Also, there is a financial situation where the kids are not getting the things that they need or want when those things can not be bought or paid for because of a lack of financial stability. That financial stability normally requires one or more likely BOTH of the parents to work full time jobs outside of the home and that means they have very little time for the children.

    My aunt was the oldest girl out of five kids. She quit school at 13 to stay home and be the mother to the other children because both of her parents worked 60+ hours a week in order to support the needs of their children, and that was in the 1960s when paying for your kids college was unheard of unless you were very wealthy.

    Its just not financially or emotionally responsible to have more than two children in this current system.

  • RomanHans

    Is the new commenting system working here? Seems like vast commenting idiocy has been winnowed down to just tdx3fan.

  • Justin

    Wow, that raising 12 kids is anyone’s normal is pretty impressive. Great job by these guys, what a gift to each of these 12 kids to be raised by such dedicated and loving parents.

  • PrettyLittleLiar

    @tdx3fan, @dumdum
    I grew up in a large family like this one and have had discussions with my siblings (and a few cousins) about how it was growing up in a house with 10-15 children. I have to tell you, it’s not like hording children, or neglecting one or two children for the other. It really was like growing up in a house crowded with people, and love. And there was more love, and laughs, and good times than you can ever know. There was always a sense of security and protection. If your parents instill the right values in each child this task of raising a large family is a little bit easier.

    Also, in a family this large you wonder if the children are getting attention from parents and we did have to split time between parents, but we also had grandparents, aunts, uncles, extended family. There was plenty of positive contact with adults. This family will be fine, and these children will grow up to be as wonderful as their dads.

  • alterego1980

    @tdx3fan: It seems to me that you are confusing the issues you mention as problems only a large family will endure. This just is not true. Families with two children have similar problems. Same with single parent households with more than one child. If both parents are working at fat food joints making around minimum wage, they will have financial problems with 1 child, let alone 12. The point is that the article above, which is all you and I have to judge these two men by, relates a busy but loving and fulfilling life. It’s about what parents they decide to be. not how many children the have.

  • tobyg1

    An important point is that these are all children who needed homes – real, permanent homes- and now they have one. Even if it may be a bit crowded it is a whole lot better than being shunted around the foster system or placed in an institution. While time may be finite, love is not – there is always plenty to go around if the people are loving, as this family certainly seems to be. A friend of mine has so far single parented seven foster kids, two of which became legally adopted by him and one of them has now almost completed college. He isn’t rich but he has a home to share and a great deal of love. My partner and I have 5 informally adopted sons, all now graduated from college and one who lives with us who is still in college. Yes, they take a lot of time but it is time so well spent, so full of happiness, that we are greatly enriched by it and by sharing life with them. Of course there has been drama and expense – that’s to be expected – but in the coping with it we grow stronger and better. We are fortunate to have resources sufficient for most needs. Not to share them would be criminal in a time when thousands of children, especially LGBT children, are cast out and homeless.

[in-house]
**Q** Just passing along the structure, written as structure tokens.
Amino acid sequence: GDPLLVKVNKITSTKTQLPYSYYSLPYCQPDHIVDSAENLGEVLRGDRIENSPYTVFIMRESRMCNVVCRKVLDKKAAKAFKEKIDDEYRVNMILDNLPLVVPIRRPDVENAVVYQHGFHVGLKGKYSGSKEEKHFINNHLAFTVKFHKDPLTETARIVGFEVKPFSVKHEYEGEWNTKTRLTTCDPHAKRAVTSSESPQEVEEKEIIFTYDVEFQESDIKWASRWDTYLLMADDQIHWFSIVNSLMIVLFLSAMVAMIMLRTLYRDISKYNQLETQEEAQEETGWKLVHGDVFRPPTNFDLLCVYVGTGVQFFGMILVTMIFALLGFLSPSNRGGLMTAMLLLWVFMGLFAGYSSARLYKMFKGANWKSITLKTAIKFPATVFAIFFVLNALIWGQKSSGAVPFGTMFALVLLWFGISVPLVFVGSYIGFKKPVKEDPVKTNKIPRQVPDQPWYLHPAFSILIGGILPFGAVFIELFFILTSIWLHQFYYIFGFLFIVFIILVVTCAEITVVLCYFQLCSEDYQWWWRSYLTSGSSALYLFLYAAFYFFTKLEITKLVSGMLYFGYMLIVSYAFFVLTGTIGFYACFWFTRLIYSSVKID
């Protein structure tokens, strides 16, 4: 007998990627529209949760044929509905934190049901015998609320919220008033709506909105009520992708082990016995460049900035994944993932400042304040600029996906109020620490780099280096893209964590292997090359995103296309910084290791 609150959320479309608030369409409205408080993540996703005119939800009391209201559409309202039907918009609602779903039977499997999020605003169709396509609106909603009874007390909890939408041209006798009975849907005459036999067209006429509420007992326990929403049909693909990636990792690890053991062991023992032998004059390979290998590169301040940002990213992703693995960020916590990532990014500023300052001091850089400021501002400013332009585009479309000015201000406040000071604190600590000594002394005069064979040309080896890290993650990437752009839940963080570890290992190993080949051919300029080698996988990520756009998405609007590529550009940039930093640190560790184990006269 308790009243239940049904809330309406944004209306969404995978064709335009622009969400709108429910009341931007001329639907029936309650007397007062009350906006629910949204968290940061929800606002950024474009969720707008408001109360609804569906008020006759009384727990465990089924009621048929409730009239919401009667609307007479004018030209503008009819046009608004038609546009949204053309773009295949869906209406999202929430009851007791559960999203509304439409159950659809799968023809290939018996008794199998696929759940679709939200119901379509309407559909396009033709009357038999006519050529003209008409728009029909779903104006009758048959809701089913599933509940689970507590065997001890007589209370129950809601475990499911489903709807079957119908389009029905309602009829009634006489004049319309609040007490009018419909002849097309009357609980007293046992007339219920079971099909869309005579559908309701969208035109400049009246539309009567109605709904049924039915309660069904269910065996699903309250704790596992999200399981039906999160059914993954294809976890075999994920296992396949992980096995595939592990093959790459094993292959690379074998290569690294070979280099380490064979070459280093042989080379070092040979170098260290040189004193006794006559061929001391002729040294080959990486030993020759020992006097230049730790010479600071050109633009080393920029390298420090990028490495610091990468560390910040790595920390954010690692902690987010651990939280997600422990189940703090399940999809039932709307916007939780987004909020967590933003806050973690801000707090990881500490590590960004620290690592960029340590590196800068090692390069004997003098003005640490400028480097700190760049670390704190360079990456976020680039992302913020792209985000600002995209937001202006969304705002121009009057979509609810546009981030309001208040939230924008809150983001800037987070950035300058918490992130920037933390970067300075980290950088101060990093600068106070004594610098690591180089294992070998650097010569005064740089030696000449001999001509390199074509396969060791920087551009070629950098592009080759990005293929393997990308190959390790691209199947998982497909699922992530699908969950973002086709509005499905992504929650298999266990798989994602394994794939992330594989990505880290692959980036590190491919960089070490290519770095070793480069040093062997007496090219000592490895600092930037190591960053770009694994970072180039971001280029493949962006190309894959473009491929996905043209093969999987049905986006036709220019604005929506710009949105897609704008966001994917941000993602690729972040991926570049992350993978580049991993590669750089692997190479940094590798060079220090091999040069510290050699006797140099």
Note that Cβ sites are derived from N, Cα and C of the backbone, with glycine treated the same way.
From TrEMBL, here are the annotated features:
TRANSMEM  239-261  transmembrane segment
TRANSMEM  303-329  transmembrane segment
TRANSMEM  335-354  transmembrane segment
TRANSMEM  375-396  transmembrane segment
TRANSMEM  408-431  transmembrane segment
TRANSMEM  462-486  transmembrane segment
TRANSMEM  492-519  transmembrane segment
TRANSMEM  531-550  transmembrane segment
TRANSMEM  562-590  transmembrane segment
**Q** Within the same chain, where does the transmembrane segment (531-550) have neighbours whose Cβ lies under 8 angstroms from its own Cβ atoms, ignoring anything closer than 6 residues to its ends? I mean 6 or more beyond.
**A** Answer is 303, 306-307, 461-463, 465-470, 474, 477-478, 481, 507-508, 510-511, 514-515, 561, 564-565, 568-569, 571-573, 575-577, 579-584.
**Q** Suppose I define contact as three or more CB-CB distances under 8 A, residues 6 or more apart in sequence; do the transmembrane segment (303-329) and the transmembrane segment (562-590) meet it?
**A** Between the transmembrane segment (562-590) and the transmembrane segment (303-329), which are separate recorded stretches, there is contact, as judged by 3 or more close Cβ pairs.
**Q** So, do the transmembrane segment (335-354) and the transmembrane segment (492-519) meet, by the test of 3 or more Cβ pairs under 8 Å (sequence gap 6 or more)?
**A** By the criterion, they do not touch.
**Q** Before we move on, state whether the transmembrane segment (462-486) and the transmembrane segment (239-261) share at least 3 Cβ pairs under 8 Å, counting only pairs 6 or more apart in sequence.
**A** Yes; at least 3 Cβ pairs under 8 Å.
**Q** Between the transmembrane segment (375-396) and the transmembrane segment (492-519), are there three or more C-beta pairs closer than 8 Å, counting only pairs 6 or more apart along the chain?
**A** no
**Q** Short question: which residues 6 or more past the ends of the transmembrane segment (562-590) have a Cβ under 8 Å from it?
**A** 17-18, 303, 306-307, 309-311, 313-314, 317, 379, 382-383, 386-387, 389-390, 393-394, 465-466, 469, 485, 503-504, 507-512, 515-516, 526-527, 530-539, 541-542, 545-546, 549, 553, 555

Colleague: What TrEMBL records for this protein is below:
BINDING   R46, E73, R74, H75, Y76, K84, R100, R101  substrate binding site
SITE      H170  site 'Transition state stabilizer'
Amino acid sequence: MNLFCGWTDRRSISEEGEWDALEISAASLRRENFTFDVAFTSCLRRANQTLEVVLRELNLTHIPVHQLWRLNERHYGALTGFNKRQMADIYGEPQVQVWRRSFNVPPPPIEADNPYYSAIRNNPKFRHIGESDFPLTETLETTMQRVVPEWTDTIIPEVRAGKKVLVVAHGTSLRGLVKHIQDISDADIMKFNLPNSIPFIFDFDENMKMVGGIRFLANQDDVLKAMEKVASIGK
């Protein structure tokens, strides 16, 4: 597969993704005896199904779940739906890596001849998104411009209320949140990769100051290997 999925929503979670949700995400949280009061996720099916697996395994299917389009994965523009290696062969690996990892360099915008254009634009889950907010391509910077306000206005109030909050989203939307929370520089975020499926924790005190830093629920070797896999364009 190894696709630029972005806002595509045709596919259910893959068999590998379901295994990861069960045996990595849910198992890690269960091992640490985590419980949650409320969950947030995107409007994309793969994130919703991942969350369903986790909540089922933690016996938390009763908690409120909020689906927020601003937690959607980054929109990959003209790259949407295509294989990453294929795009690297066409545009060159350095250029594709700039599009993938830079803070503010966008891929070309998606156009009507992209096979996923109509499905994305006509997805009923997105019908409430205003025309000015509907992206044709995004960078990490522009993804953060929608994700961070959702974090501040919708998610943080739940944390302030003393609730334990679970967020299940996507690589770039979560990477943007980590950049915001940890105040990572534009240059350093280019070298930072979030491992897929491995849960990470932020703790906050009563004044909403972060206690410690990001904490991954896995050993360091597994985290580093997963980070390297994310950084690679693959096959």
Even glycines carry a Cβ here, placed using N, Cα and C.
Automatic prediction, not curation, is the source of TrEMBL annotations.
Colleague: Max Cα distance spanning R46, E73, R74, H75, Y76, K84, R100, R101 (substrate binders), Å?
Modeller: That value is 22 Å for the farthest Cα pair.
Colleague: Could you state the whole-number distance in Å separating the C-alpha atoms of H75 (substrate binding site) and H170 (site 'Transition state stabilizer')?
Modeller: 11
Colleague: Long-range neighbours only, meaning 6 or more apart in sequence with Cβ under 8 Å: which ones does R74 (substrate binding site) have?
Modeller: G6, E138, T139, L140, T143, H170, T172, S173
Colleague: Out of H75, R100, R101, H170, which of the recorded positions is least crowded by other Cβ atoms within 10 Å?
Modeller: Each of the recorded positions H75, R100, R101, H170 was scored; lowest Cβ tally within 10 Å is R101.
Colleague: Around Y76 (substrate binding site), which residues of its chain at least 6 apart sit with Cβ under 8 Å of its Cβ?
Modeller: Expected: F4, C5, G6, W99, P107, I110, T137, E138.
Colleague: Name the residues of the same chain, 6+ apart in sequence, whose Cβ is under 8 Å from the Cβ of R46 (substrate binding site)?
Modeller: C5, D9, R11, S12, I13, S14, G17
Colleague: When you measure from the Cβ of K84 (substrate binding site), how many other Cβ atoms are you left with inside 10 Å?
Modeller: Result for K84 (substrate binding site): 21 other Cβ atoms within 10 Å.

• Tad

    Beautiful. I am at a loss for additional words.

  • Aaron

    I can’t believe all the critical comments on this posting. These children needed a home, these men provided them with one. You have no perspective with which to judge their parenting skills, and I could remind you that for approximately 99,950 years of human society, huge families with lots of kids, older ones raising younger, WAS the norm. It’s only in the last 50 years or so that “normal” means 2.5 children, home in suburbs.

  • Tone

    They’re doing a wonderful thing for those kids. They must have the patience of saints. They deserve to be rewarded for such kindness.

  • defused73

    I think it’s great this couple has so much love for children. But, gay or straight, children are not Pokemon.

  • Ruhlmann

    @tdx3fan: My father’s family had thirteen kids and my mother’s family had twelve. For many years this was the case in all families. I came from a family of six boys and in Québec that’s a small family. Comparing this family to hoarded cats is repulsive on every human level I can think of.

  • Paul

    @Triple S: That’s a ridiculous statement. LOVE doesn’t come in limited supply containers. Ask anyone who came from a large family and see if they felt neglected or under appreciated. I think you’ll find that, like the Universe, Love is limitless and constantly expanding.

Comments are closed.